Cosmos is permeated by streams of very energetic particles (gamma-rays, protons, alpha particles, and heavier nuclei) which are produced in our Sun, in supernovae explosions, in gamma-ray bursts, and in the vicinity of black holes. The collisions of these primary cosmic rays with the gas atoms in the upper layers of Earth atmosphere produce cascades of secondary particles which propagate through the atmosphere towards the Earth surface. At sea level the secondary cosmic rays consist of mu-mesons arriving at the rate of about one mu-meson per square cm, per minute. There are two kinds of phenomena that are worth studying with these secondary cosmic rays: the cosmic ray showers and the decay of the mu-mesons.
Cosmic Ray Showers
Since the secondary cosmic rays are produced in collisions of very energetic particles with the atmospheric atomic nuclei, it makes sense that the produced particles are also very energetic. These particles hit other nuclei along their way down to the Earth, which makes even more secondary particles. In the end, lots and lots of secondaries can be produced from the primary cosmic ray. Such cascades of secondaries are named cosmic ray showers. A cosmic ray shower can cover an extended area of hundreds of meters at the Earth surface. One of the scientific experiments which is recording such showers is named the High Altitude Water Cherenkov Gamma-Ray Observatory (HAWC). It operates near the Sierra Negra mountain in Mexico. On the official HAWC website you can see the extensive array of water tanks serving as detectors. We cannot (yet) build this kind of the multidetector observatory in our backyard. We will come back to this endeavor somewhat later, after we complete a series of less demanding table top experiments on the cosmic ray mu-meson capture and decay, described in the next section.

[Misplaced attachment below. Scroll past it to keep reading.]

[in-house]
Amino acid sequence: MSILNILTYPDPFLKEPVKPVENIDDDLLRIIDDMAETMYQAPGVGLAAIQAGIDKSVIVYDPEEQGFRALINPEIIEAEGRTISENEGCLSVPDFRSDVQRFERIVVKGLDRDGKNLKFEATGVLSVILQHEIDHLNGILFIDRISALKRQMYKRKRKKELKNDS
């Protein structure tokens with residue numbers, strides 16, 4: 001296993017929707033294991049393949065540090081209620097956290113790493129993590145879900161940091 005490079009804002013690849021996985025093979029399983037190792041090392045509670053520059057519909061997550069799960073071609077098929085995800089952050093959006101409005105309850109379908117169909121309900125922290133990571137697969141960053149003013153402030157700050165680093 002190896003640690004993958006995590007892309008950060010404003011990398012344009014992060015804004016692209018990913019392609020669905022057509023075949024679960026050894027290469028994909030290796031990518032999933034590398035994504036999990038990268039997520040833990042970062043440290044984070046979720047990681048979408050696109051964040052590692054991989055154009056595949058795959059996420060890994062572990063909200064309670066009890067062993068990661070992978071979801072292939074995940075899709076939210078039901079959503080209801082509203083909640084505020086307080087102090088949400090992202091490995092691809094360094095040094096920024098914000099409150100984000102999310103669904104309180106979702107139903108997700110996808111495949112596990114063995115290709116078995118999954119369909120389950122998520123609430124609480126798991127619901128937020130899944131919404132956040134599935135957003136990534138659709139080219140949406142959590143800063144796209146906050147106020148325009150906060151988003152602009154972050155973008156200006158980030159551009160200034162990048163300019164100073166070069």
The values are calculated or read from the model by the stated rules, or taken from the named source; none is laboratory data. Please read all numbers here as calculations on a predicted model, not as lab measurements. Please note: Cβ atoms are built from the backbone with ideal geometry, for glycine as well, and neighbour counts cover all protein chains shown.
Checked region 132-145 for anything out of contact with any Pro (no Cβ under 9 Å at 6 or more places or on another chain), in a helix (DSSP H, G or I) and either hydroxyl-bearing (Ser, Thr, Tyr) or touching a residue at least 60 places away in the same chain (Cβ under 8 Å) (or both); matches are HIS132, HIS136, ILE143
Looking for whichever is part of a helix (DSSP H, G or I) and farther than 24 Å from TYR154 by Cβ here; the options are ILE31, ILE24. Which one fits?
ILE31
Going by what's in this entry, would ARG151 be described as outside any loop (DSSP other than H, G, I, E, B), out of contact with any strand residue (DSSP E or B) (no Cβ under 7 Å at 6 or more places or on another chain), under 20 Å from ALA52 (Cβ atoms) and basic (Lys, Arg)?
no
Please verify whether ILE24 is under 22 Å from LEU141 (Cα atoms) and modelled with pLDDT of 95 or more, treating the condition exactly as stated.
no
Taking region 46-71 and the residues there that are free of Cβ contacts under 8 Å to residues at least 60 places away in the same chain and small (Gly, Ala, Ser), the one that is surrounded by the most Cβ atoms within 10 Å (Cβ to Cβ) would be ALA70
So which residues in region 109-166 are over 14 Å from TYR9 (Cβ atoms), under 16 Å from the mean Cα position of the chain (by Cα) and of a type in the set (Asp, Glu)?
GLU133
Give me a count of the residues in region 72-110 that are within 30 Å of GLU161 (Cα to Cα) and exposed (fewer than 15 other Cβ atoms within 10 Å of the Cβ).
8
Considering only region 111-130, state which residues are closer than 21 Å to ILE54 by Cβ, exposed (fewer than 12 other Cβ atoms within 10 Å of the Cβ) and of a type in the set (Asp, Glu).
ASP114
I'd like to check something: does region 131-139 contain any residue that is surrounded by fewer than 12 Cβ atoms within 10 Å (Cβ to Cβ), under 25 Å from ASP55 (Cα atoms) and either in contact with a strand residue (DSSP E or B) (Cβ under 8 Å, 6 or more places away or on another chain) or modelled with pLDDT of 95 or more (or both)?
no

Cosmic Ray Capture and Decay
A grapefruit-size detector is sufficient to record the cosmic ray capture and decay in a table top experiment. Most mu-mesons will penetrate and then leave the detector. Such "punch-through" mesons will produce single pulses during their passage through the detector medium. Once in a while a mu-meson will come to rest within the detector volume. The stopped meson will decay into an electron and a neutrino after spending a few microseconds within the detector. Such events produce two pulses in sequence. The first pulse is induced when the mu-meson hits the detector. The subsequent pulse is produced when the mu-meson decays. In our experiments we will collect both kinds of events, the single-pulse events due to the punch-through and the double-pulse events due to the decay of the stopped mu-meson.